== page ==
Khatamis Iran: The Islamic Republic and the Turbulent Path to Reform By Ghoncheh Tazmini
Khatami’s Iran: The Islamic Republic and the Turbulent Path to Reform By Ghoncheh Tazmini (Tauris Academic Studies, 2010)
Seyyed Mohammad Khatami’s election to the presidency in 1997 symbolized a period of great change in Iranian politics, attracting tremendous and unprecedented global attention to the Islamic Republic of Iran not witnessed since the revolution. His term from 1997 to 2005 is seen as a ‘blend of divine rule, theocracy and democracy’ (p.5), introducing gradual institutional reforms under the existing theocratic framework. He was instrumental in consolidating the rule of law, encouraging intellectual discourse and socio-political liberties. Ghoncheh Tazmini tries to beautifully balance a study of Khatami as a person, intellectual, and a politician; the obstacles that Khatami faced both from within and without, the greater intellectual discourse on civilisation differences and the problems associated with the fit-all understanding of the Western conception of modernisation.
The organization of the book is thematic to enhance clarity in unravelling Khatami’s personality. The author provides three separate strands of analysis. The first theme delves into Khatami’s childhood and nurturing, reflecting on their impact on his political-philosophical understanding. The second theme explores the intellectual context of Khatami’s reform. The third strand focuses on the policy issues, contextualizing them in social, political as well as foreign policy arenas.
Khatami’s childhood is portrayed as a combination of a tolerant and encouraging father and his own personal expectations to understand divergent views on socio-political issues beyond the Iranian regularities. This psychological make-up is asserted to be critical in understanding the Khatami way of understanding life. Tazmini talks of how Khatami came to the forefront and secured almost 70 percent of the votes, ushering in a new era of expectations for the different sections of Iranian society. It specifically encouraged students and youth of the society to take an active part in Iranian politics. As far as the position of women was concerned, Iran being a conservative Islamic society, his victory held high expectations.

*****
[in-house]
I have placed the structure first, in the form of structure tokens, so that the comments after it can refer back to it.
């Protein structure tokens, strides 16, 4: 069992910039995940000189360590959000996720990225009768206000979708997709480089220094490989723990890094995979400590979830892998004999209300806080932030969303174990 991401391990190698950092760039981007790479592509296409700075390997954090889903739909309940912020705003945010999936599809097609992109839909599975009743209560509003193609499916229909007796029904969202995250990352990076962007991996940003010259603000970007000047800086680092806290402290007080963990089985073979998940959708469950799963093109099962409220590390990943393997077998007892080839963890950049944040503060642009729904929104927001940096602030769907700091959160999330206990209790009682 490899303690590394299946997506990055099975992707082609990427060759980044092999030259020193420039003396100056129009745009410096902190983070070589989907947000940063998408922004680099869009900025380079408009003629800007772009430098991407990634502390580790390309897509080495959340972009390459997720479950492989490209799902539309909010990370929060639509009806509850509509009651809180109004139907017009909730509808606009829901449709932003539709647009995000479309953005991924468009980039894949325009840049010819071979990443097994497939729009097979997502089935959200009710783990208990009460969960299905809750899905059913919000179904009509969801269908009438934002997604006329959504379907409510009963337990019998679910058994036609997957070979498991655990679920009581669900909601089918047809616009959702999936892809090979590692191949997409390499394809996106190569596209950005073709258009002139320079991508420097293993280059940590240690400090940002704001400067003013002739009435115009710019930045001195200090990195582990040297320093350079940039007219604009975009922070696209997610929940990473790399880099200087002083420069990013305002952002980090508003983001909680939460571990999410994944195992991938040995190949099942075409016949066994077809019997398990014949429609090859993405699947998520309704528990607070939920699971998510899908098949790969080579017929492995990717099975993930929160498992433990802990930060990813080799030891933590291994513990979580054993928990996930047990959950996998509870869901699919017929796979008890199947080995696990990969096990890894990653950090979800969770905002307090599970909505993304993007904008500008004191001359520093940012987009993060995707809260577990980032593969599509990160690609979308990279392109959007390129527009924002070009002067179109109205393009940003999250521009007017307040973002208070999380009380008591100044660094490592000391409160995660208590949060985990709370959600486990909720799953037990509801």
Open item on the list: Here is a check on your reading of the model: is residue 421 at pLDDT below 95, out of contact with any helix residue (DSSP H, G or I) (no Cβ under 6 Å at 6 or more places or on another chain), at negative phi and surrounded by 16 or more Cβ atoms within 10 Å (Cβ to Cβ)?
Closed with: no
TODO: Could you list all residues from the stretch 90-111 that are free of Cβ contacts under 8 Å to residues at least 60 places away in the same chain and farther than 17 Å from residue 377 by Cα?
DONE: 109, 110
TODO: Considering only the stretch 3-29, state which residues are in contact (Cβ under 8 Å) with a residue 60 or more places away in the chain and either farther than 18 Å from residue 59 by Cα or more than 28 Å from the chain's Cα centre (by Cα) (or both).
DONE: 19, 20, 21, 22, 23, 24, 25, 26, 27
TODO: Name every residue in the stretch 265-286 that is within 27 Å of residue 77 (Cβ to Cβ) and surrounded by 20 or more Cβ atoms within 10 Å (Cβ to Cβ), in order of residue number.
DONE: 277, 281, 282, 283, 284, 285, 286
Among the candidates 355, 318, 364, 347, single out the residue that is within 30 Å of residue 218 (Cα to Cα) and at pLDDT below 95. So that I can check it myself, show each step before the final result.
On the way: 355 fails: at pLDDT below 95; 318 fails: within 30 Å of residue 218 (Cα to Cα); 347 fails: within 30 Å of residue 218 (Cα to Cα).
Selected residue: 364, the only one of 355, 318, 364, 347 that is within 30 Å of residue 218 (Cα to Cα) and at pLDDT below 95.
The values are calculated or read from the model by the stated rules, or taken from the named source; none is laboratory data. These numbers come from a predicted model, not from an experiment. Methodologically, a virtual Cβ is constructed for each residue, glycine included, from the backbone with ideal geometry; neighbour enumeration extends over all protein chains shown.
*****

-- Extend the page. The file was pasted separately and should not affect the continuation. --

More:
One interesting concept introduced by the former ‘reformist’ President of the Islamic Republic of Iran was that of akhlagh (social adeptness), which brought to the fore concepts like patience, tolerance, dialogue and communications. He was welcomed by the West even when Iran was under the shadow of the ‘axis of evil’ and maintained a hard relationship with the US. The chapter on ‘Obstacle to Reform’, however, discusses how various difficulties like securing the goodwill of the religious elements, limits imposed on him by ‘tradition’, and the absolute position held by the Supreme Leader, time and again played a part in reducing his margin of reform success. Khatami was held back from reaching his full potential.
Most famous of Khatami’s contributions was his thesis on Dialogue among Civilization, which is often contrasted with Huntington’s Clash of Civilizations. He believed ‘Knowledge is the product of dialogue and exchange’ (p.81) and viewing the international society as dialogue communities would supplement existing diplomatic channels. It signalled Iran’s willingness to come out of isolation. The United Nations proclaimed the year 2001 as the United Nation\'s \'Year of Dialogue among Civilizations,\' recognizing its value. Tazmini believes the failure of the ‘dialogue’ was its inability to enter the arena of ideas and philosophy. There was no substance in addition to the rhetoric. The theoretical construct of the ‘dialogue’ had its own shortcomings. If it was meant to be communication between the West and Islam, Iran, a Shi’a country, does not represent the larger Islamic Sunni world. Thus, there were serious methodological shortcomings to the dialogue itself, both in its practical as well as theoretical construct.
On the whole, this book is a penetrating analysis of the first reformist president of Iran. It is not merely a person’s biography but tries to explain the various trends of intellectual thought running through the Iranian society, to understand the constraints on leadership as they appear. The importance of the book goes beyond Khatami and enriches the understanding of Iran.
Sonia Roy is a research student at the School of International Studies, Jawaharlal Nehru University. Email.
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